According to the ADA Health Policy Institute (HPI), Medicaid-eligible adults represent a growing share of the U.S. population. Many of these individuals urgently need dental care – and with the number of privately insured patients shrinking, some dentists find that treating Medicaid patients isn’t an option, but a necessity to keep their practices going.

Some dental professionals provide care for large numbers of Medicaid-eligible adults. Others accept a modest number of these patients, encouraged by “Take Five” programs that have proven useful in several states.

Success story: Take 5 program in Colorado

Kaiser Family Foundation report: improving access to care for adults in Medicaid

Center for Health Care Strategies report: what’s keeping state oral health leaders up at night

Center for Health Care Strategies report: engaging stakeholders to improve access to care for Medicaid-enrolled adults

Encouraging more dentists to see Medicaid patients

Many dentists are reluctant to treat Medicaid patients, citing these concerns:

  • Low reimbursement rates
  • Administrative burdens
  • Worries about complying with Medicaid regulations
  • Perception that no-show rates will be high
  • Lack of clear information about existing dental benefits
  • Transportation challenges that patients may face
  • Issues of cultural competency, including language barriers
  • Need to educate this patient group about the benefits of regular oral care

Working alongside other stakeholders, the ADA is engaging state dental associations and Medicaid programs to address these concerns. For example, the ADA’s Council on Dental Benefit Programs has developed a sample template for working with states that contract with third-party administrators of managed care plans. By clearly stating expectations, responsibilities and risk-sharing, all parties know what to expect and who will be held accountable within the contract. This is critical, since Medicaid audits are becoming more frequent.

Several states have made real progress in convincing more dental providers to accept Medicaid patients, using incentives such as modest increases in reimbursement rates. Challenges and best practices are gathered and shared with other states to widen the dental safety net nationwide.

Research report: Most important barriers to dental care are financial, not supply-related 

Medicaid: Considerations when working with states to develop an effective RFP/dental contract

Documentation of Medicaid services

The first rule of dental care documentation is that if something isn’t written down, it doesn’t exist. Dentists who see Medicaid patients must be sure to fully document the care they provide.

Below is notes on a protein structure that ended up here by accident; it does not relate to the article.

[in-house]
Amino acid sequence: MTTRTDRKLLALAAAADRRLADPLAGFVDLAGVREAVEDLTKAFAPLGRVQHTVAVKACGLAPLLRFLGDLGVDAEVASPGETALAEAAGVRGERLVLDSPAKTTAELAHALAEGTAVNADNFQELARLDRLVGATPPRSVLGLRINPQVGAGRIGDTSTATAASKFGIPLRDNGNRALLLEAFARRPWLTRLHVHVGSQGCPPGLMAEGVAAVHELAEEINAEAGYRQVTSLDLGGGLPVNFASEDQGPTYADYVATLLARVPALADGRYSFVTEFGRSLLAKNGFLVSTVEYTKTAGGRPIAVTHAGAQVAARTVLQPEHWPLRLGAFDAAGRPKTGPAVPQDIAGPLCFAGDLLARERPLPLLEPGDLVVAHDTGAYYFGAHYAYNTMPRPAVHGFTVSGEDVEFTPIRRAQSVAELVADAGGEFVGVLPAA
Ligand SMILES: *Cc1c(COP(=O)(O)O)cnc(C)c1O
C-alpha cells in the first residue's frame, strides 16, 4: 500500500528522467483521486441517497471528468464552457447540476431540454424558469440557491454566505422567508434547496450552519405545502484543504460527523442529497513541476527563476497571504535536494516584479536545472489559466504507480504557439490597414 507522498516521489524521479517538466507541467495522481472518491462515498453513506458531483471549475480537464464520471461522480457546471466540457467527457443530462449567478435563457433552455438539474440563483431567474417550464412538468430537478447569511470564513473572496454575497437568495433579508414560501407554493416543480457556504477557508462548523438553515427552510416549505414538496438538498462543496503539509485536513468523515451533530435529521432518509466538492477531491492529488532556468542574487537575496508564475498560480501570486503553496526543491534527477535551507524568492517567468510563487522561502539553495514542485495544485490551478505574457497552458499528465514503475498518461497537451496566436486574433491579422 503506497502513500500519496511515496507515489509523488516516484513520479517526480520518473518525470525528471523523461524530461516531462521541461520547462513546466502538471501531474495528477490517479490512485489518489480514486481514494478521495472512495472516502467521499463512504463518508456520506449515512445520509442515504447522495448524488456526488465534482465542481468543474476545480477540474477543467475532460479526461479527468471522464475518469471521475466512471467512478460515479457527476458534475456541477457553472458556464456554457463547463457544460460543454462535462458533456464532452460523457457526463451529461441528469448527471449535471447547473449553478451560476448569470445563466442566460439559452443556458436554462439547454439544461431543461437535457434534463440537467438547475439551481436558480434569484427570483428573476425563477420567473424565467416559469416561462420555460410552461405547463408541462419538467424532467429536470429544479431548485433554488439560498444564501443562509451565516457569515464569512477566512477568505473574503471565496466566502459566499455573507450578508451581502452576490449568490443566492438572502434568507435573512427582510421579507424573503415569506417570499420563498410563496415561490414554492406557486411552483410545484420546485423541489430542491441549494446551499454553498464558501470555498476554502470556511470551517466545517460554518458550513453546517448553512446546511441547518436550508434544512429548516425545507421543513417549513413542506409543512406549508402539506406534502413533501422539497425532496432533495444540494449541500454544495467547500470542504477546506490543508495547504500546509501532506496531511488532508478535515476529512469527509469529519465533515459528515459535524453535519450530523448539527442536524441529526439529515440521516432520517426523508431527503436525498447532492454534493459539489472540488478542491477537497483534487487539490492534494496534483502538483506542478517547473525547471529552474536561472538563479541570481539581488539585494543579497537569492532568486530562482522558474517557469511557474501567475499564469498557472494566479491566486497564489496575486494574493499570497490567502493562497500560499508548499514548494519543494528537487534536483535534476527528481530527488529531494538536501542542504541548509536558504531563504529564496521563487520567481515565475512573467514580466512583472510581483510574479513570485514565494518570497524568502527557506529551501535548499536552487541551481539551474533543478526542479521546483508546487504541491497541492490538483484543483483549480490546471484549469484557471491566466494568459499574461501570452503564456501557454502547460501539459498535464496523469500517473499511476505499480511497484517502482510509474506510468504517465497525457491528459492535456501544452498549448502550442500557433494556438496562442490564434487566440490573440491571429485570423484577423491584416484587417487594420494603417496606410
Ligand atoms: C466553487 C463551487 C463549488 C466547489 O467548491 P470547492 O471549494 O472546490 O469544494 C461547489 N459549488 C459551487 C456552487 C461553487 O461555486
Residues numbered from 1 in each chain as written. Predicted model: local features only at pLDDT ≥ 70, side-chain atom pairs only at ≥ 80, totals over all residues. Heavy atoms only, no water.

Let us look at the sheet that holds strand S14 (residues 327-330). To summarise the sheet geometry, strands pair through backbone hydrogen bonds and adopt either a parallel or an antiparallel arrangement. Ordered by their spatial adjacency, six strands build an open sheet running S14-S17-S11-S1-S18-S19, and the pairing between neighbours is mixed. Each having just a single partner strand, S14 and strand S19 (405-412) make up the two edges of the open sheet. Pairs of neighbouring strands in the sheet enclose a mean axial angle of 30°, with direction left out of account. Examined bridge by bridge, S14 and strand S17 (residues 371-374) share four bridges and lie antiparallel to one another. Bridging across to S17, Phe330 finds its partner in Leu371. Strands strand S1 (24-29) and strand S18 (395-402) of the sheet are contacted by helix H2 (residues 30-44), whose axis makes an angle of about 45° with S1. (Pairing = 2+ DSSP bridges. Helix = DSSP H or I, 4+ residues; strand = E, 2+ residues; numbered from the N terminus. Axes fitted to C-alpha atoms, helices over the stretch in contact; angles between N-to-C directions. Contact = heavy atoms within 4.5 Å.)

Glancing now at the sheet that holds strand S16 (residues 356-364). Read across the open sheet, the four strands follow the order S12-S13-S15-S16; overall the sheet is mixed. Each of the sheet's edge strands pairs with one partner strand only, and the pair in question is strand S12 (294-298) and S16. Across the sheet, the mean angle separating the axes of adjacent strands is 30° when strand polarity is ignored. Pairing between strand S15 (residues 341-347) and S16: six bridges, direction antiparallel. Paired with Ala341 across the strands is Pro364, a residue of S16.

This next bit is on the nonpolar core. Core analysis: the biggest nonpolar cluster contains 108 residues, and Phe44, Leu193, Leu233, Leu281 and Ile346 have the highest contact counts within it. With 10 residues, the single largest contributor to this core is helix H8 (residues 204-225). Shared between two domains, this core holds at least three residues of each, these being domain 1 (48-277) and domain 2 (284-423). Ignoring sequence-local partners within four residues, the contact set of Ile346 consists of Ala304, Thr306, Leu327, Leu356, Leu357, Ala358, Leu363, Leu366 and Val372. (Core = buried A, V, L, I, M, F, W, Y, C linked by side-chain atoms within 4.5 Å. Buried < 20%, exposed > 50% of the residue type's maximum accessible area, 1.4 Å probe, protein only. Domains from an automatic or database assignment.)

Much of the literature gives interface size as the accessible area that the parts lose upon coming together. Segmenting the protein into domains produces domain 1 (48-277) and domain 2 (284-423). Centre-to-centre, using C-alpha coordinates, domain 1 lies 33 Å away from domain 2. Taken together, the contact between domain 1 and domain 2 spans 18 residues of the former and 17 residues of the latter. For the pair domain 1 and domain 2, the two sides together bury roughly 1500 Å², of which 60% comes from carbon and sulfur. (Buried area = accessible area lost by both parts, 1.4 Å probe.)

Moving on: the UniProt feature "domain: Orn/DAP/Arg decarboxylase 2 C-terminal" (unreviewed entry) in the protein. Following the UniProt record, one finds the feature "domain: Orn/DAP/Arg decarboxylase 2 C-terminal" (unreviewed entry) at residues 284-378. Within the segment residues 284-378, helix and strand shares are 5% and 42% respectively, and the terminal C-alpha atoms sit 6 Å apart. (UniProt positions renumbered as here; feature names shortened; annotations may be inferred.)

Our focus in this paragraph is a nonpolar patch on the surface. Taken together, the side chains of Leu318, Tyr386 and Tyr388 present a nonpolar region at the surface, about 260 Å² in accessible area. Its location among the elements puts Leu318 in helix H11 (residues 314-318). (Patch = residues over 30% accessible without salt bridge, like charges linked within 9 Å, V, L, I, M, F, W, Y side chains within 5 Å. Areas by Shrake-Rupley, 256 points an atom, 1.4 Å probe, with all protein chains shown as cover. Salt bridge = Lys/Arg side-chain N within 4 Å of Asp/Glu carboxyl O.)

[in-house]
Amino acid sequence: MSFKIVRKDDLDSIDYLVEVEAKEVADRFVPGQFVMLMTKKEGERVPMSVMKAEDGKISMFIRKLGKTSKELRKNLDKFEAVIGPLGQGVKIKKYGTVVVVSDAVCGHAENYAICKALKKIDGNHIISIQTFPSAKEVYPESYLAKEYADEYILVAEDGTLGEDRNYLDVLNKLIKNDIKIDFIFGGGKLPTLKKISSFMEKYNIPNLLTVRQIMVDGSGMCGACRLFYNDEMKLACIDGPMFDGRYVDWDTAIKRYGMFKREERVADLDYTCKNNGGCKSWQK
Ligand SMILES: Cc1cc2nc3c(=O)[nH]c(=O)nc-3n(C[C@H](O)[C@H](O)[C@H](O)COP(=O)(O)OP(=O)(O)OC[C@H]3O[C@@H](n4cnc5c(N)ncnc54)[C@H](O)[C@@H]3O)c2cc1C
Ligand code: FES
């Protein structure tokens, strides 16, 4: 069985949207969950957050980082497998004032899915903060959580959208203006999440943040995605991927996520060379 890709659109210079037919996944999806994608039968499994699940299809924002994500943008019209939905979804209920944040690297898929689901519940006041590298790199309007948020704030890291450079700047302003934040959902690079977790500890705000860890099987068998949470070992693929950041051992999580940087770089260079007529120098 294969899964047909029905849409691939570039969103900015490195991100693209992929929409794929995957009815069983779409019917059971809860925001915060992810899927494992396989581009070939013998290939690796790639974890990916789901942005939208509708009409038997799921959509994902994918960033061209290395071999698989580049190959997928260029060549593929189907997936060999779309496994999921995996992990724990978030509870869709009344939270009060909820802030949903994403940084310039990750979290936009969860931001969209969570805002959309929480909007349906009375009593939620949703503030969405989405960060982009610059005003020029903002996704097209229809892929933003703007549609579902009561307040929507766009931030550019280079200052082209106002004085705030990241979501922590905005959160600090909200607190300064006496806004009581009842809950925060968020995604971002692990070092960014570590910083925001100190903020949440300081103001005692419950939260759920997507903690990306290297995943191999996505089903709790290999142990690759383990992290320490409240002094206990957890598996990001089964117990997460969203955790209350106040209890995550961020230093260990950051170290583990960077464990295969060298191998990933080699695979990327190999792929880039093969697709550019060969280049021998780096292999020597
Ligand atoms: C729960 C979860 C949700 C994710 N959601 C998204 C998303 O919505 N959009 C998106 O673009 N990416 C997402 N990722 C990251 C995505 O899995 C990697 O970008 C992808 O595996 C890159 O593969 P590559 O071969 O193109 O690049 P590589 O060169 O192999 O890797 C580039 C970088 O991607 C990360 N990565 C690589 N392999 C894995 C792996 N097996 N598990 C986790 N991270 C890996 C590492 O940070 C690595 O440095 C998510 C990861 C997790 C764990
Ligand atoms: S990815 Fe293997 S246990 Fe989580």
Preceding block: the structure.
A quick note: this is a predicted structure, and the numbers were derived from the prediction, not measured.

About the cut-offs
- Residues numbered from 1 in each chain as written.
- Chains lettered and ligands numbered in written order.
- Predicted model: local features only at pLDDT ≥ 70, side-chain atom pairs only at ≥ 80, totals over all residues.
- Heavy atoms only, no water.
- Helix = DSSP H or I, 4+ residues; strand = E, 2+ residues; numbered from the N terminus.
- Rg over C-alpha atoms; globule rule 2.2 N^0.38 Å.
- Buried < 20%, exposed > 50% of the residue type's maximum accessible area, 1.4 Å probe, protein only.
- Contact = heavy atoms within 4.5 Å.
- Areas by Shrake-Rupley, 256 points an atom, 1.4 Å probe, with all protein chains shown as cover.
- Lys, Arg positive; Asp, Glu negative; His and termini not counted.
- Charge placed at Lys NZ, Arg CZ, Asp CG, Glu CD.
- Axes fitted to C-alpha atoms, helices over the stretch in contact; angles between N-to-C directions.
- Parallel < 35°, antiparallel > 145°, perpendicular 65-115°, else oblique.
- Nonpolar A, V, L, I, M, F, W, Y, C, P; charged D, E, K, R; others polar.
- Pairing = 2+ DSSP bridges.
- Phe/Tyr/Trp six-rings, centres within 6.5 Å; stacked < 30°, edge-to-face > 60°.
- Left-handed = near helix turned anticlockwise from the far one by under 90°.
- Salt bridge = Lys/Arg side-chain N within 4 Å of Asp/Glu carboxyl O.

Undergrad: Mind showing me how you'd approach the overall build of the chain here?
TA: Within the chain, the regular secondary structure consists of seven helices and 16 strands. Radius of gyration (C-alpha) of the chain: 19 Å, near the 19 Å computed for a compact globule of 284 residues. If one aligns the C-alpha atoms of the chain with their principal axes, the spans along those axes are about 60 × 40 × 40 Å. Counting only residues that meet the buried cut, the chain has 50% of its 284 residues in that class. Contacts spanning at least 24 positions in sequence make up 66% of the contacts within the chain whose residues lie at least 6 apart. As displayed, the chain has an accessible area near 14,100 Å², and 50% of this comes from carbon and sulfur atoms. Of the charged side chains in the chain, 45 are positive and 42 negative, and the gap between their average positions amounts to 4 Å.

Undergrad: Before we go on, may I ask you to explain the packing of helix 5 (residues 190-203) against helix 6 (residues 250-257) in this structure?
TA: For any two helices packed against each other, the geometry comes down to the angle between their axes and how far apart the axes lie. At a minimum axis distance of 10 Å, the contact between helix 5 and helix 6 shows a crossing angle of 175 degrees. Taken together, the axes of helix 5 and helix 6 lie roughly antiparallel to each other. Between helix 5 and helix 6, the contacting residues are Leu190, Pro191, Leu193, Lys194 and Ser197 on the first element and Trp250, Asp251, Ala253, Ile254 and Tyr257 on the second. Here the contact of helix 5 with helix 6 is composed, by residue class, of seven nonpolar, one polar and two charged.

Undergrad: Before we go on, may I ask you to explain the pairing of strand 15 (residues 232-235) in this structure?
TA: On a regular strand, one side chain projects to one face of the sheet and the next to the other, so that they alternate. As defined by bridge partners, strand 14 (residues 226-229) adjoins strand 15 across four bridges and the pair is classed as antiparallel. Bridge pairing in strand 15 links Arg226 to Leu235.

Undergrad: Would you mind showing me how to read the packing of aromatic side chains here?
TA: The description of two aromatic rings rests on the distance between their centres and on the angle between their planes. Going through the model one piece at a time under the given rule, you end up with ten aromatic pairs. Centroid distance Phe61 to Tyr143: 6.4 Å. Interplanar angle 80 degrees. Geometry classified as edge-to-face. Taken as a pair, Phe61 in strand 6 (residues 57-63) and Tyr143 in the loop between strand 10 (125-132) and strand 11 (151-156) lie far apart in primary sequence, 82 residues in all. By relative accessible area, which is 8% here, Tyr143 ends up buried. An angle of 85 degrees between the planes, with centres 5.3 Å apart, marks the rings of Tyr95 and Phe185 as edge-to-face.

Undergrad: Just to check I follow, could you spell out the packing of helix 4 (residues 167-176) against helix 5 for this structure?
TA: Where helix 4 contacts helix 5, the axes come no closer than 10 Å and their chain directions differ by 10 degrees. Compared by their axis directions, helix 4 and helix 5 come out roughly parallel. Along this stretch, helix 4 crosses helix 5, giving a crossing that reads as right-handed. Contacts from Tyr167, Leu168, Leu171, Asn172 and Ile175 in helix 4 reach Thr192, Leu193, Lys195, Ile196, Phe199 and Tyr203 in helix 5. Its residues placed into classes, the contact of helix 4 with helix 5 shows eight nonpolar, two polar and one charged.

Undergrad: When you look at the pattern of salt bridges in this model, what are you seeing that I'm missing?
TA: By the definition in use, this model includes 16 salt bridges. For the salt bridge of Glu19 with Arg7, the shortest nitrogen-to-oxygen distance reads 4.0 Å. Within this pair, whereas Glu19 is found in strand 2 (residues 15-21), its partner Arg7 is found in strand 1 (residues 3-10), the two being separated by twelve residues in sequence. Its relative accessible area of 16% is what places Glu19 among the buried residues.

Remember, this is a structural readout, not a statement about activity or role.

Dentists are well-trained to document the steps they take, but it’s equally important to establish medical necessity. This means confirming that the appropriate treatment and supplies were chosen in order to evaluate and treat a specific condition, illness or injury. Documentation should confirm the rationale for the procedure in alignment with the Current Dental Terminology (CDT) Code.

Depending on the situation, dentists may need to document that care was necessary to:

  • Eliminate or prevent orofacial disease, infection or pain
  • Restore form and function to dentition
  • Correct facial disfigurement or dysfunction

Here are helpful resources on documentation and fraud awareness.

From the Centers for Medicare and Medicaid Services (CMS): Electronic health records: increasing the quality of care (PDF)

From CMS: There are many types of Medicaid fraud (PDF)

From the American Academy of Pediatric Dentists (AAPD): brochure on medically necessary care and how to document it (PDF)

AAPD policy on medically necessary care (PDF)

Medicaid compliance issues
Below are resources on the compliance requirements that Medicaid providers must meet. They cover the basic elements of a compliance program, expectations for documentation of services and how to use dental software as a tool for good documentation.

From the Centers for Medicare and Medicaid Services (CMS): Medicaid compliance for the dental professional 

Video: Medicaid compliance for the dental professional 

From the HHS Health Care Fraud Prevention and Enforcement Action Team: Cultivate a culture of compliance with health care law (PDF) 

From Dr. Bicuspid: How to get Medicaid dental compliance right

Cultural competence course for Medicaid providers